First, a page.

Raymond James (RJF) said Wednesday that it aims to train a number client associates each year to become advisors. This move comes on the heels of a pilot program for associates, which it started last year, to boost the number of female advisors and to groom successors for retiring advisors.
“We want to create a career path for service associates who want to advance,” said Tash Elwyn of Raymond James & Associates (RJA) Private Client Group, the company’s employee broker-dealer, in a statement. “We also know that by being exposed to this education, participants will gain many new talents in working with their respective advisors and teams and improving their skills, whether or not they ever pursue the ultimate goal of becoming financial advisors.”
The program received a flood of applications, but just two candidates from each of RJA’s five geographic divisions were accepted. If the pilot is successful, the company says, it plans to expand the number of associates in the training program in future years.
Male associates are eligible, too, but most associates are women.
“At one of our recent Women’s Network gatherings, we asked for a show of hands from advisors who had begun their careers as sales or service associates, and at least 30% of the audience raised their hands. And of the members of our Women’s Advisory Council, that number increased to 50%,” said Nicole Spinelli, director of the Raymond James Network for Women Advisors, in a statement.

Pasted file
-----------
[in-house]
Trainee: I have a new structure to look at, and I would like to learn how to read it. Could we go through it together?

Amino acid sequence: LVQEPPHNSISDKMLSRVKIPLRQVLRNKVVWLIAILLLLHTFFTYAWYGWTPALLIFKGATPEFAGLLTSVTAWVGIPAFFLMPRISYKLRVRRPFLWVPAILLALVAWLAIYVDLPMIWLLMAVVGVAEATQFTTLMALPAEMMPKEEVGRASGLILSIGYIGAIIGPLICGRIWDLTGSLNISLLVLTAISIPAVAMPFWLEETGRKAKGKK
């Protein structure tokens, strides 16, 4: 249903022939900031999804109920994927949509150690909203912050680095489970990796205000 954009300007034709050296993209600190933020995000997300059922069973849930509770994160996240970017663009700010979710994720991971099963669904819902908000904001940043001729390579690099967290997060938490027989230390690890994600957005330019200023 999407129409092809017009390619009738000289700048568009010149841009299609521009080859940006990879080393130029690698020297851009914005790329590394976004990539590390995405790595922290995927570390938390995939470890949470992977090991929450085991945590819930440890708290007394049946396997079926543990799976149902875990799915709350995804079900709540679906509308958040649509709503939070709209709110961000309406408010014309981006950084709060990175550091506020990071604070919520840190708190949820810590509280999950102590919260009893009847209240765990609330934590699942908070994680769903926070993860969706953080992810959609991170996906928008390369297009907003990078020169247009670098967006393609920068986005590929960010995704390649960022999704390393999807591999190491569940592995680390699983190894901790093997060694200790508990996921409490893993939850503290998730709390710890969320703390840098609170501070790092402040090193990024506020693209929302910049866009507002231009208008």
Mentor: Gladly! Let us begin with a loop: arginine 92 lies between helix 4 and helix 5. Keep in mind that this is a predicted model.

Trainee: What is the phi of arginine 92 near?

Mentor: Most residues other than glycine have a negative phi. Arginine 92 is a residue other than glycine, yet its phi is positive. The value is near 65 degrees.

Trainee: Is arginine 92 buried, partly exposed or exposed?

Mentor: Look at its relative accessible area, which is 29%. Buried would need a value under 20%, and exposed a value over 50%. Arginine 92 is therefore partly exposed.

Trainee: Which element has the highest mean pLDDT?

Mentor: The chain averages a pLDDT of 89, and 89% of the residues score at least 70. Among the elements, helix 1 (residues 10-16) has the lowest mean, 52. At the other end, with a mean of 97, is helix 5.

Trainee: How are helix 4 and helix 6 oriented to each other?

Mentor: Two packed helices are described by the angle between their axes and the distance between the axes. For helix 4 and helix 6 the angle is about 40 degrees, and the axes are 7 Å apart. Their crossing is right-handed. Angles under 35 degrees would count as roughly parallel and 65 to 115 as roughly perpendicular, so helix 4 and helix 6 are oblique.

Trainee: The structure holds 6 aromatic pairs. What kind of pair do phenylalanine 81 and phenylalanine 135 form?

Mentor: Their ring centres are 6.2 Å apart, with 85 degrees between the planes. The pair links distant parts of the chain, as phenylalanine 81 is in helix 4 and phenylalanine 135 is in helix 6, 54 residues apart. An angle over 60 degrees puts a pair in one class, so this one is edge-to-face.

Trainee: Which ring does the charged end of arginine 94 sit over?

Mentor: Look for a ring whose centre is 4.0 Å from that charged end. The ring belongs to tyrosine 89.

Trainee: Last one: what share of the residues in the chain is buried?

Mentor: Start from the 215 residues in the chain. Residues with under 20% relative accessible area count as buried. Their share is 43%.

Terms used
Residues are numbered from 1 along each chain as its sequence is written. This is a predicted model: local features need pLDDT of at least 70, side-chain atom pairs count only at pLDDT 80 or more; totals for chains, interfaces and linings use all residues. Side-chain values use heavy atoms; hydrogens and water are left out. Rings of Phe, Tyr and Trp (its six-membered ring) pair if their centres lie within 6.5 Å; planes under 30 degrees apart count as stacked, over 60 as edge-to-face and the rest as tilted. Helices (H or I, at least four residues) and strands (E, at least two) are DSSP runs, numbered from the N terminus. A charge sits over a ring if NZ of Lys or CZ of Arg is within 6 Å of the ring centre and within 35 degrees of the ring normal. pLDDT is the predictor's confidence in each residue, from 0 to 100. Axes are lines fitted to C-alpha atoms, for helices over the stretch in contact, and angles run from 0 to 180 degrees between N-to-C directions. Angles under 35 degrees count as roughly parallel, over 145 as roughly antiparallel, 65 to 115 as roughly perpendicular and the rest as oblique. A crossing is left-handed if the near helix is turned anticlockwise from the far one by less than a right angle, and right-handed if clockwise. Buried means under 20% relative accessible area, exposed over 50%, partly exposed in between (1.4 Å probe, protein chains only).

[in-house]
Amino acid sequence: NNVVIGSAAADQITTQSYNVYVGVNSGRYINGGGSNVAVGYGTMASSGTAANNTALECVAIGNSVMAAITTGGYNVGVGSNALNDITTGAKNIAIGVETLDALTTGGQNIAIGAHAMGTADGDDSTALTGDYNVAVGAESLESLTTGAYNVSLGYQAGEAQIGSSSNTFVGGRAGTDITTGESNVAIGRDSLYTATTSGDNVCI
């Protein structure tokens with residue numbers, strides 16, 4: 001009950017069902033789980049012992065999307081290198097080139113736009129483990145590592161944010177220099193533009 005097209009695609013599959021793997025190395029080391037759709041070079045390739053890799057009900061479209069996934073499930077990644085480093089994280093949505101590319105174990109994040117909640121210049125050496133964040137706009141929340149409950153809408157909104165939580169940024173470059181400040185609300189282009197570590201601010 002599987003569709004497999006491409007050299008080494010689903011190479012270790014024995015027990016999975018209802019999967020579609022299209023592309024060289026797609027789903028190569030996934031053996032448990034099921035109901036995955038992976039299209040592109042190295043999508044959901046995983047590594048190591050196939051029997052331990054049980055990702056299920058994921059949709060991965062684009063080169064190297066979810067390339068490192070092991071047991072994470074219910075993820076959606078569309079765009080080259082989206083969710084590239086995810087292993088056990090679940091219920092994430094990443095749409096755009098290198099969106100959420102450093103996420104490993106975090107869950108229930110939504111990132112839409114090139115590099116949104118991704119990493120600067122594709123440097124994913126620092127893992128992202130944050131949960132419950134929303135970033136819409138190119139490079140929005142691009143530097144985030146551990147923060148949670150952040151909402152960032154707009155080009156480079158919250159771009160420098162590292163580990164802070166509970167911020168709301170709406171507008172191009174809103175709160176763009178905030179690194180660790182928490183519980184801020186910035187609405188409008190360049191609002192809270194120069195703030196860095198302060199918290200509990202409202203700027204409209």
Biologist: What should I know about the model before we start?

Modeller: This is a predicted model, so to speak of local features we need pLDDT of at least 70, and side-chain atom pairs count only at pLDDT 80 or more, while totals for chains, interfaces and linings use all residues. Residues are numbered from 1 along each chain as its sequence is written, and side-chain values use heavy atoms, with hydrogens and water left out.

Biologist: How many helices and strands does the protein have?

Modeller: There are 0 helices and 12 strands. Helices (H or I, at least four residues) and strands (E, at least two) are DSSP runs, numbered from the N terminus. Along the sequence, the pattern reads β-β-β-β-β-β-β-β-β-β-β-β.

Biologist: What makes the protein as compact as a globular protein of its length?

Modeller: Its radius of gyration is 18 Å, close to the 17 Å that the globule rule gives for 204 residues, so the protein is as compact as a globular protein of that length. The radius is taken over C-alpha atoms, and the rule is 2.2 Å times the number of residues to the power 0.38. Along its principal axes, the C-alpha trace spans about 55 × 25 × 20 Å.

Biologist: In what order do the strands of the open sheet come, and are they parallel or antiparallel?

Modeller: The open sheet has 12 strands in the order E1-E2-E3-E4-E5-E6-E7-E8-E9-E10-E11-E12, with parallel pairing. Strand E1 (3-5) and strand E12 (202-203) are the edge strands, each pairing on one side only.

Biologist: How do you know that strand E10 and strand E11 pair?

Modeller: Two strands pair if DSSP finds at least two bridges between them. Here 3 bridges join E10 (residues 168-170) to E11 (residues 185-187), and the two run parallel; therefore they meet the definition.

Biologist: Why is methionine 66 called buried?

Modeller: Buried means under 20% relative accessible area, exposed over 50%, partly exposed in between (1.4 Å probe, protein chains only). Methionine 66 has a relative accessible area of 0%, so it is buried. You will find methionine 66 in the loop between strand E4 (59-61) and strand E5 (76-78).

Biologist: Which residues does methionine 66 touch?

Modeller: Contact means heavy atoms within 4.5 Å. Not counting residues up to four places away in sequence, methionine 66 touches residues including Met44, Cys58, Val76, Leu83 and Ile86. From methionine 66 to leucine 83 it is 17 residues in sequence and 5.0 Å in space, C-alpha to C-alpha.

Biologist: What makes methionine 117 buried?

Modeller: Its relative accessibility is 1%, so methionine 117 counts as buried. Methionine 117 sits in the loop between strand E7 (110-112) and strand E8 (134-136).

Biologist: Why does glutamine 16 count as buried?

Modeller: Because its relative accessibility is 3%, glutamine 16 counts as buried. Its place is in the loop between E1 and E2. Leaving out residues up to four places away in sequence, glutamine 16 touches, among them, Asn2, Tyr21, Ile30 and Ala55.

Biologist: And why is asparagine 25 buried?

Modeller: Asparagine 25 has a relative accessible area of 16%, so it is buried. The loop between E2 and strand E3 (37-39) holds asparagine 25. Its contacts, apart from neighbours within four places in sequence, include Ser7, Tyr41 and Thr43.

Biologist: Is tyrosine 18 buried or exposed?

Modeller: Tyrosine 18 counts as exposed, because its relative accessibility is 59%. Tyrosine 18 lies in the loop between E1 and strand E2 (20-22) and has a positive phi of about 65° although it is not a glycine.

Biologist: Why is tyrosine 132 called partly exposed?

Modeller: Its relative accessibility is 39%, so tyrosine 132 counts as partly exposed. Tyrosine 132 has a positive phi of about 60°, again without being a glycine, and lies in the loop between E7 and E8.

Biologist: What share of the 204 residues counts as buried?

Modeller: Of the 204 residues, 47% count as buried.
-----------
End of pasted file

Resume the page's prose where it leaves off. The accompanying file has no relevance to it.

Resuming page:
“So we knew immediately we had a very deep pool of potential advisor candidates already at the firm,” Spinelli said. “It was just a matter of developing the right curriculum, assessing the right candidates and launching a pilot program to see where that leads.”
The year-long effort pairs an associate with an advisor in the Women’s Network Advisory Council. They spend several hours a month working via conference calls, completing online classes and tutorials and, finally, attending the annual Women’s Symposium in the fall.
After six months, participants train for the Accredited Asset Management Specialist designation and take the exam. Candidates also work with a business coach, a female Raymond James advisor and other professionals contributing to the program.
Raymond James decided to use the AAMS curriculum due to its focus on core concepts of investment management (portfolio construction, asset allocation, risk assessment, etc.), as well as inclusion of financial-planning topics (such as insurance and estate planning), according to Pat Dixon, vice president of Wealth Solutions.